Benforado related that EPA was striving to incorporate many of
the suggestions on the table. He agreed that evolution rather than
revolution was the proper approach, characterizing EPA's strategy
as a "nuts and bolts tuning" rather than remodeling. Benforado
cited a number of successful EPA programs including Project XL,
plain language compliance assistance centers, paperwork reduction,
and compliance rewards. EPA is also considering rewards for participation
in the ISO 14000 program and seeks to make advances in information
access, he noted. Raul then interjected with the only question of
the night that seemed to sharply divide the panel - whether legislation
was necessary to accomplish regulatory reform or whether EPA policy
and discretionary authority was sufficient. Benforado replied that
regulators were not as adamant as were lawyers that legislation
was indispensable to achieving reform. He explained that EPA was
committed to conducting as many bold experiments as possible within
their existing authority and was not concentrating on legislative
Becky Norton Dunlop, Secretary of Natural Resources for the Commonwealth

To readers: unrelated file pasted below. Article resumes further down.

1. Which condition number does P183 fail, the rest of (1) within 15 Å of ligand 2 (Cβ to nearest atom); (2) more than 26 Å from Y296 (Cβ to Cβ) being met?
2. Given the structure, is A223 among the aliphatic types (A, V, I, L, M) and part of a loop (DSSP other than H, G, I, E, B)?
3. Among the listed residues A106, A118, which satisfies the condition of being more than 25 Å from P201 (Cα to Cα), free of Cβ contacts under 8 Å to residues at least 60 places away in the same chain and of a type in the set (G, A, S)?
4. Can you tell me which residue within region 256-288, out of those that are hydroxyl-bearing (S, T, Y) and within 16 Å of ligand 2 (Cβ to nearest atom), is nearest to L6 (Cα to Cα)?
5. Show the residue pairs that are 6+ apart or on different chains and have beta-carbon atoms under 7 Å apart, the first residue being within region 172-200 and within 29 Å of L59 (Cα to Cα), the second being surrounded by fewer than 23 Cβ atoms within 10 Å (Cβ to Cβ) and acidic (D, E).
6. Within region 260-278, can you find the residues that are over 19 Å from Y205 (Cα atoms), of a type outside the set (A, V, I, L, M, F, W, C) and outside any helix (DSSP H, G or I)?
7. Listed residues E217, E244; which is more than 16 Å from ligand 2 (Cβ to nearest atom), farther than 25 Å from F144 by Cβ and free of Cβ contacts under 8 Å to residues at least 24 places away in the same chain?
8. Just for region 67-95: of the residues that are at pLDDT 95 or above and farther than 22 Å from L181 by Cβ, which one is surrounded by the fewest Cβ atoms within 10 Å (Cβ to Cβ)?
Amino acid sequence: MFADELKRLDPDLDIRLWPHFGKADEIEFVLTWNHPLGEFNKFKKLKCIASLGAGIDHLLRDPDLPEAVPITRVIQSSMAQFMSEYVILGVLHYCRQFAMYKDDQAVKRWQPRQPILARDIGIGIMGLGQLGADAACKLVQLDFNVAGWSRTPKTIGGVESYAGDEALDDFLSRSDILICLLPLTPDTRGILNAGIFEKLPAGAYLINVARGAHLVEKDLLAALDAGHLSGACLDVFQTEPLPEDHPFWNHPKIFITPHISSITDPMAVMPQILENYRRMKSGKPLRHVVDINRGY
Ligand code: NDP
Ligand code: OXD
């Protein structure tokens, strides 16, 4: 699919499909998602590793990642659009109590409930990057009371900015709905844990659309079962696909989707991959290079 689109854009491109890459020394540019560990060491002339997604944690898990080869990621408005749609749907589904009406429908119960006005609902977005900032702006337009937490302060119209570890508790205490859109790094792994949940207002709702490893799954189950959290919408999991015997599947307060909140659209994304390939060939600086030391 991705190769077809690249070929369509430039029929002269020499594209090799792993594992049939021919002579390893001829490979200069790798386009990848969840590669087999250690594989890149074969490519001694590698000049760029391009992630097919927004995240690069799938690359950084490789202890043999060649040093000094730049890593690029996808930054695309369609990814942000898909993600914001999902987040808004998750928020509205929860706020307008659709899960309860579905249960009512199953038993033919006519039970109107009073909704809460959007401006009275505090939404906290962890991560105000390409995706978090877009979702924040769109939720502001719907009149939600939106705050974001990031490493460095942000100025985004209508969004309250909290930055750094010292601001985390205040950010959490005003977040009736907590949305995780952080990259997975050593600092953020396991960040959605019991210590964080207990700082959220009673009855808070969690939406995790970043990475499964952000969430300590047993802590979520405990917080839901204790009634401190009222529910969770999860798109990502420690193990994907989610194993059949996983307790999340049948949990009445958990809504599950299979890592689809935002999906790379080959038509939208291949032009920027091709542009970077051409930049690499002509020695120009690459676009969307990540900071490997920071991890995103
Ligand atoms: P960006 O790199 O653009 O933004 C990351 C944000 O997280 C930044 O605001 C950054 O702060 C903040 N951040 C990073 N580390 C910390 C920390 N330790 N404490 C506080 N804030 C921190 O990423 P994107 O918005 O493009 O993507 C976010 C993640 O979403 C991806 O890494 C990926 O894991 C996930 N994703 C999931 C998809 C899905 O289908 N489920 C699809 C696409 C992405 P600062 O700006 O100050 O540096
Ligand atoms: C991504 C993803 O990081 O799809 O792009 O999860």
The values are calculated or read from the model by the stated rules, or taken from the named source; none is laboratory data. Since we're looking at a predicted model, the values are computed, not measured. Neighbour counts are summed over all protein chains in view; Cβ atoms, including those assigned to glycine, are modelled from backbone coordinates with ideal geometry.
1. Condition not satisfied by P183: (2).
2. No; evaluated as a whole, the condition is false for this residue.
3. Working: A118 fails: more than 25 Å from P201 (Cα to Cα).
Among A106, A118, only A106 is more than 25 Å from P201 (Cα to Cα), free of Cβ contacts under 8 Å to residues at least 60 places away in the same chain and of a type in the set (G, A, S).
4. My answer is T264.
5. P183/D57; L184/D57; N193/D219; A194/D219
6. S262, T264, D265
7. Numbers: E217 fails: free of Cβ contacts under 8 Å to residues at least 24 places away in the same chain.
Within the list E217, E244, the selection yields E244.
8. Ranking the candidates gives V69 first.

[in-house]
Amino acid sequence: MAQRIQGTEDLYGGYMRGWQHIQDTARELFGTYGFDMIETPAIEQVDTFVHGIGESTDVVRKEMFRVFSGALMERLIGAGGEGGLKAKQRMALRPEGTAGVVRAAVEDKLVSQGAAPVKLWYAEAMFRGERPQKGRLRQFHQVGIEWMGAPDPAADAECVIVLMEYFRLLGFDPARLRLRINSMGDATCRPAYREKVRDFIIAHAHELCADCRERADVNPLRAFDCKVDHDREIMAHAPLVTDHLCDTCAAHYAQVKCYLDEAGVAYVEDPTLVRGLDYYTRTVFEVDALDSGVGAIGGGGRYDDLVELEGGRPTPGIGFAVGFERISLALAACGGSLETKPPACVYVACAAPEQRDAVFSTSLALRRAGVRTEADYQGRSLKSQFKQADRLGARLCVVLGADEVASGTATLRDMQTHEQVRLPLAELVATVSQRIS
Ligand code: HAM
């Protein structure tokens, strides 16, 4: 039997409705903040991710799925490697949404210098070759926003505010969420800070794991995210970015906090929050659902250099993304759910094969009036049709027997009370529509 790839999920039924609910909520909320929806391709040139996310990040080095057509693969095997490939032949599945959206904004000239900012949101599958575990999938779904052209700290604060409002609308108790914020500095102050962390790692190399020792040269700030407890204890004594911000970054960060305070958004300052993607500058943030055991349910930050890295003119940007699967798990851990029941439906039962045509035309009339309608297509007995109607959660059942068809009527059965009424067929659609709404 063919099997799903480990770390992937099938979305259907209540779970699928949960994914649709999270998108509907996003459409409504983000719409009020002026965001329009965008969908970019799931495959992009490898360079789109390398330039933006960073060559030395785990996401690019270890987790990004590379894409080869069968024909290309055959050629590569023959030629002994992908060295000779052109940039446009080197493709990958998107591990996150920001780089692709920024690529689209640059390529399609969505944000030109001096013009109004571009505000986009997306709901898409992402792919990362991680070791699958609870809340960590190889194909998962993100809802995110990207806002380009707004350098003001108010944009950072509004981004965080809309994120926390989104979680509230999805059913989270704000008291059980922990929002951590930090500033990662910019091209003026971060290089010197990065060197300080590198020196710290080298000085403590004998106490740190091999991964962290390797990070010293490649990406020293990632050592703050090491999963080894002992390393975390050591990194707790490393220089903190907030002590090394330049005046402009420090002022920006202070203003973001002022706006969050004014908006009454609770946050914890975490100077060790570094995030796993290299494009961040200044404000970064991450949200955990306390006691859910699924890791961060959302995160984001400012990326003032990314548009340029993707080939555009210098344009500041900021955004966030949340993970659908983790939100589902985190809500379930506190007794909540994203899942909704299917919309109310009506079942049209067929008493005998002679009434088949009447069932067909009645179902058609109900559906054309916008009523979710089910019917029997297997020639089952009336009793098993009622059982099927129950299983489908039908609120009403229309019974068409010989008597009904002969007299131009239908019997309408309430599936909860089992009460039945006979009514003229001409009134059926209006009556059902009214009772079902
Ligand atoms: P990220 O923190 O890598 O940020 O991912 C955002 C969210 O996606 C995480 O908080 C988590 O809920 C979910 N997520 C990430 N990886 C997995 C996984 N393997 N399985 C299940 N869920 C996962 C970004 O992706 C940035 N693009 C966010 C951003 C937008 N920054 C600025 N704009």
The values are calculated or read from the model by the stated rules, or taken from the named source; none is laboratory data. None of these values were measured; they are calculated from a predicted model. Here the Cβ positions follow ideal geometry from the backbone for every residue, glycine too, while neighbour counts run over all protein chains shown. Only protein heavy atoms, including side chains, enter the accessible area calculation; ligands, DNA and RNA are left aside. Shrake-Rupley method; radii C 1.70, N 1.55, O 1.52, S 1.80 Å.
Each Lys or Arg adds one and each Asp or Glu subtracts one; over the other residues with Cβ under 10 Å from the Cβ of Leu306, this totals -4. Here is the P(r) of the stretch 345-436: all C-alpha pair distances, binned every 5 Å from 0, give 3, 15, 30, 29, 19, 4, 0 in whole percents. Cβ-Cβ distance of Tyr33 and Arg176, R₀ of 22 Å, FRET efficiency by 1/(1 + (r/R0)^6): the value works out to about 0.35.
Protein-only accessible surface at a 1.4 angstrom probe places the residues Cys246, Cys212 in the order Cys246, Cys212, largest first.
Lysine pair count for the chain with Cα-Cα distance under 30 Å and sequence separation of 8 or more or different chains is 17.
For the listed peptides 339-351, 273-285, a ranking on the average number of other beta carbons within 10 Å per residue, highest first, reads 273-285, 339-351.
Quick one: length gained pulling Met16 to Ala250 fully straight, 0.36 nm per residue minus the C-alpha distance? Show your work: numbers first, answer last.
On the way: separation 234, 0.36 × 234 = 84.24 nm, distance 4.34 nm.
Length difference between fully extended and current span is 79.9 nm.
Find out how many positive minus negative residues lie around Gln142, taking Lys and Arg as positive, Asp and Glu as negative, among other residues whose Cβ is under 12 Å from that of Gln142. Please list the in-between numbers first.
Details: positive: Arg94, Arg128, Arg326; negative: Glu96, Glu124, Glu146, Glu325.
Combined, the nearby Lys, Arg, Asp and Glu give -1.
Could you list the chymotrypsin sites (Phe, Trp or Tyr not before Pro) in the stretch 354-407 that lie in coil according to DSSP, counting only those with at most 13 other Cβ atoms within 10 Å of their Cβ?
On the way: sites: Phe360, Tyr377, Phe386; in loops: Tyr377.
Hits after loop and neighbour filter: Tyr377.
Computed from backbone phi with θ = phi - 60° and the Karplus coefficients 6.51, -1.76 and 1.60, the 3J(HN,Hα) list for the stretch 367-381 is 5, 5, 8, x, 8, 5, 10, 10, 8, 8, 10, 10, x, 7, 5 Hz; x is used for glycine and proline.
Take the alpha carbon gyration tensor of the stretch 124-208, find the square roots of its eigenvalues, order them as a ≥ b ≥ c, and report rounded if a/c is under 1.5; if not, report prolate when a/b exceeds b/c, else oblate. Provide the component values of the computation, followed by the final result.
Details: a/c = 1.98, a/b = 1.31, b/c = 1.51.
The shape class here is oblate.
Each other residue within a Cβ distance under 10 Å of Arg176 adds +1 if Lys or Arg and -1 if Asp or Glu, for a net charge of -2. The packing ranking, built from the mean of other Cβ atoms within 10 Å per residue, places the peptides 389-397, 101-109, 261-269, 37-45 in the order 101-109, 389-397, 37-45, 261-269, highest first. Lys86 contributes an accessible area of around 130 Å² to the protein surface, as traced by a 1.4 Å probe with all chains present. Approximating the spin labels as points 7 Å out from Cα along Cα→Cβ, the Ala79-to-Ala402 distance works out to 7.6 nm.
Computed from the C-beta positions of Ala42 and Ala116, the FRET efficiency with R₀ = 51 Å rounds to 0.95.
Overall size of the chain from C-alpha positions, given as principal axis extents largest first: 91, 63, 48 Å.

of Virginia, confirmed that an attitudinal change at EPA was obvious,
but complained that the States still struggle under stifling federal
command and control structures. She observed that federal agencies
often exhibit a lack of respect for state agency competence and
fail to fully share valuable information. She argued that Virginia
vigorously has been seeking devolution of authority but that EPA
has resisted. Moreover, she noted, EPA has criticized innovative
state initiatives such as voluntary compliance audits. Addressing
a point made by Lynn Scarlett, Dunlop admitted that Virginia has
been troubled by the difficulty in "packaging" environmental
reform programs to gain support from voters who tend to view open
market strategies skeptically.
Henry Diamond, of Beveridge & Diamond, doubted whether most
environmental public interest groups were actually opposed to reform.
He observed that the Christmas 1995 stall in regulatory reform efforts
was attributable more to resistance from local bankers and business
than from environmental groups. Diamond noted that political posturing
has resulted in overly- cautious margins of safety in industrial